Of course, there are always exceptions to the rule—the prize horse of those who love to play devil’s advocate. There are some interiors that cannot truly accommodate those in wheelchairs and there are products that for safety reasons need to be used with two arms. But we’re designers; we have an inhuman ability to think outside the box and solve these problems. We need to be asking with everything we design whether something cannot be accommodated or whether we’re taking the easy way out.
There’s nothing wrong in admitting we don’t know what the answer is or that we don’t even know what question to ask in the first place. Take Michael Graves, for example. After becoming paralyzed from the chest down in 2003, he repositioned his design thinking to include the healthcare sector. During the Q+A section of his October 2011 TEDMED talk, Graves stated that, essentially, it is difficult for us to design for conditions to which we are not accustomed. With that, he insisted his team working on healthcare lived in a wheelchair for a week to experience the ways in which design does a disservice to those with issues walking.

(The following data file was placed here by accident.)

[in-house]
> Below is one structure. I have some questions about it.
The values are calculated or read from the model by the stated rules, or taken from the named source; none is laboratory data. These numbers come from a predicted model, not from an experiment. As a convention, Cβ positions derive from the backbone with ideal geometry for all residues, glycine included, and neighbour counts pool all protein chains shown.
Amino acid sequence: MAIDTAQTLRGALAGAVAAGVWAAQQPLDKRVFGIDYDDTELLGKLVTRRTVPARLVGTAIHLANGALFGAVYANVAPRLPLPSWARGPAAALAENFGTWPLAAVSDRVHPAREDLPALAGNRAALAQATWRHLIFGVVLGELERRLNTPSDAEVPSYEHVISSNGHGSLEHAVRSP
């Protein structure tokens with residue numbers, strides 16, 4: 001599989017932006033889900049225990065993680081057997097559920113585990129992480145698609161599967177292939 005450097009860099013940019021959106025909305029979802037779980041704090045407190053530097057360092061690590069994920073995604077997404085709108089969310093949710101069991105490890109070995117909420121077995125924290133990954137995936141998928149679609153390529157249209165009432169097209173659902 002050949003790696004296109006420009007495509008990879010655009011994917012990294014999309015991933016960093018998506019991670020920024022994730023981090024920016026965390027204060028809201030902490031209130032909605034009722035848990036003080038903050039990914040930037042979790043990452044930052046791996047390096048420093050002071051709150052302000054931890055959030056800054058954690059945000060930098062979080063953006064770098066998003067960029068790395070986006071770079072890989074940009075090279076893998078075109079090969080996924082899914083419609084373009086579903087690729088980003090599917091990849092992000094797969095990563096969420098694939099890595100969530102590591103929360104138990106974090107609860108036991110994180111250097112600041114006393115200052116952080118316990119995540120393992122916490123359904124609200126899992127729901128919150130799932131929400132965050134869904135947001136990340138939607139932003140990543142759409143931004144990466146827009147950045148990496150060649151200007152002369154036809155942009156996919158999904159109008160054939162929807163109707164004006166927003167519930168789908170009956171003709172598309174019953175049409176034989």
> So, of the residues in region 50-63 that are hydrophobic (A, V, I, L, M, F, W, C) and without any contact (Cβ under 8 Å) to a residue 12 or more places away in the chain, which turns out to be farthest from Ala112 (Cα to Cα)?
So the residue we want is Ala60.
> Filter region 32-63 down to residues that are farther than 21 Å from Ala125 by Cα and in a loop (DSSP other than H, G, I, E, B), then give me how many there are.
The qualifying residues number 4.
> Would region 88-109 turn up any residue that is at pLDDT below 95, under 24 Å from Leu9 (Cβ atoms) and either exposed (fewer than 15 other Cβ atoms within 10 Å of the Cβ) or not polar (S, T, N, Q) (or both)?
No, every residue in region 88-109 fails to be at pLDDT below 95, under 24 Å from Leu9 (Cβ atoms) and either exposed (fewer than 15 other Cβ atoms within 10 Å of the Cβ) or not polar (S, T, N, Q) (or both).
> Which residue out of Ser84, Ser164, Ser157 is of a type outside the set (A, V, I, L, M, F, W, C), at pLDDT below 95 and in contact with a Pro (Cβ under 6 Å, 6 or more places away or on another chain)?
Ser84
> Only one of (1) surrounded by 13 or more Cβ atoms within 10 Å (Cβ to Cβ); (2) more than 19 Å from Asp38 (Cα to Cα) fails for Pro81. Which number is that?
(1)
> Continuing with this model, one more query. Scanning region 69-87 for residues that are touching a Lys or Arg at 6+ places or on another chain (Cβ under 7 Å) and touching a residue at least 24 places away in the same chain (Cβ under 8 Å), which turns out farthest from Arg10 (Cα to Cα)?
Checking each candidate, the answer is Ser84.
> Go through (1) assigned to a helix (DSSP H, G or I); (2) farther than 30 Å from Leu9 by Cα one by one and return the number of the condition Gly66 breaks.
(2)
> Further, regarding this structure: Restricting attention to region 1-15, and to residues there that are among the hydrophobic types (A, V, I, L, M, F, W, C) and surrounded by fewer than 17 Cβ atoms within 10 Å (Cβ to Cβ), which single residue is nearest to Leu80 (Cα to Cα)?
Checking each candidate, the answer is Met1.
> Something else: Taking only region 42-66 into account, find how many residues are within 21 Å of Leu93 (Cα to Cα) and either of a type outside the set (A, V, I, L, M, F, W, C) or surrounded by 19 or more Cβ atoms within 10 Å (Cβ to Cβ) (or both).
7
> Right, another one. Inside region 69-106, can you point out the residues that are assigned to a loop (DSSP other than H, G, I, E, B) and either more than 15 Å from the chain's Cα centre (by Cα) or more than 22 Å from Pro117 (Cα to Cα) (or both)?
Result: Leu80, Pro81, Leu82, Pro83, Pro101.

This is where the importance of diversity panels like IIDA’s or Industrial Design magazine’s 1963 article come in. We cannot stop asking these questions and facilitating these conversations just because it may make us uncomfortable. Now more than ever, it’s important to remember the only way to progress is through education and the only way to be educated about other’s lived experiences is to invite them to the table, listen to the knowledge gained from panels on the topic, and refusing to hide our heads in the sand.
In case you missed it in our November 2017 Product Collaboration article, “A Design Maverick,” athlete, actor, and newly minted product designer Terry Crews stated what should be the rallying cry of the design industry in 2018: “There is room for every gender, race, ethnicity, and culture to have their story told.”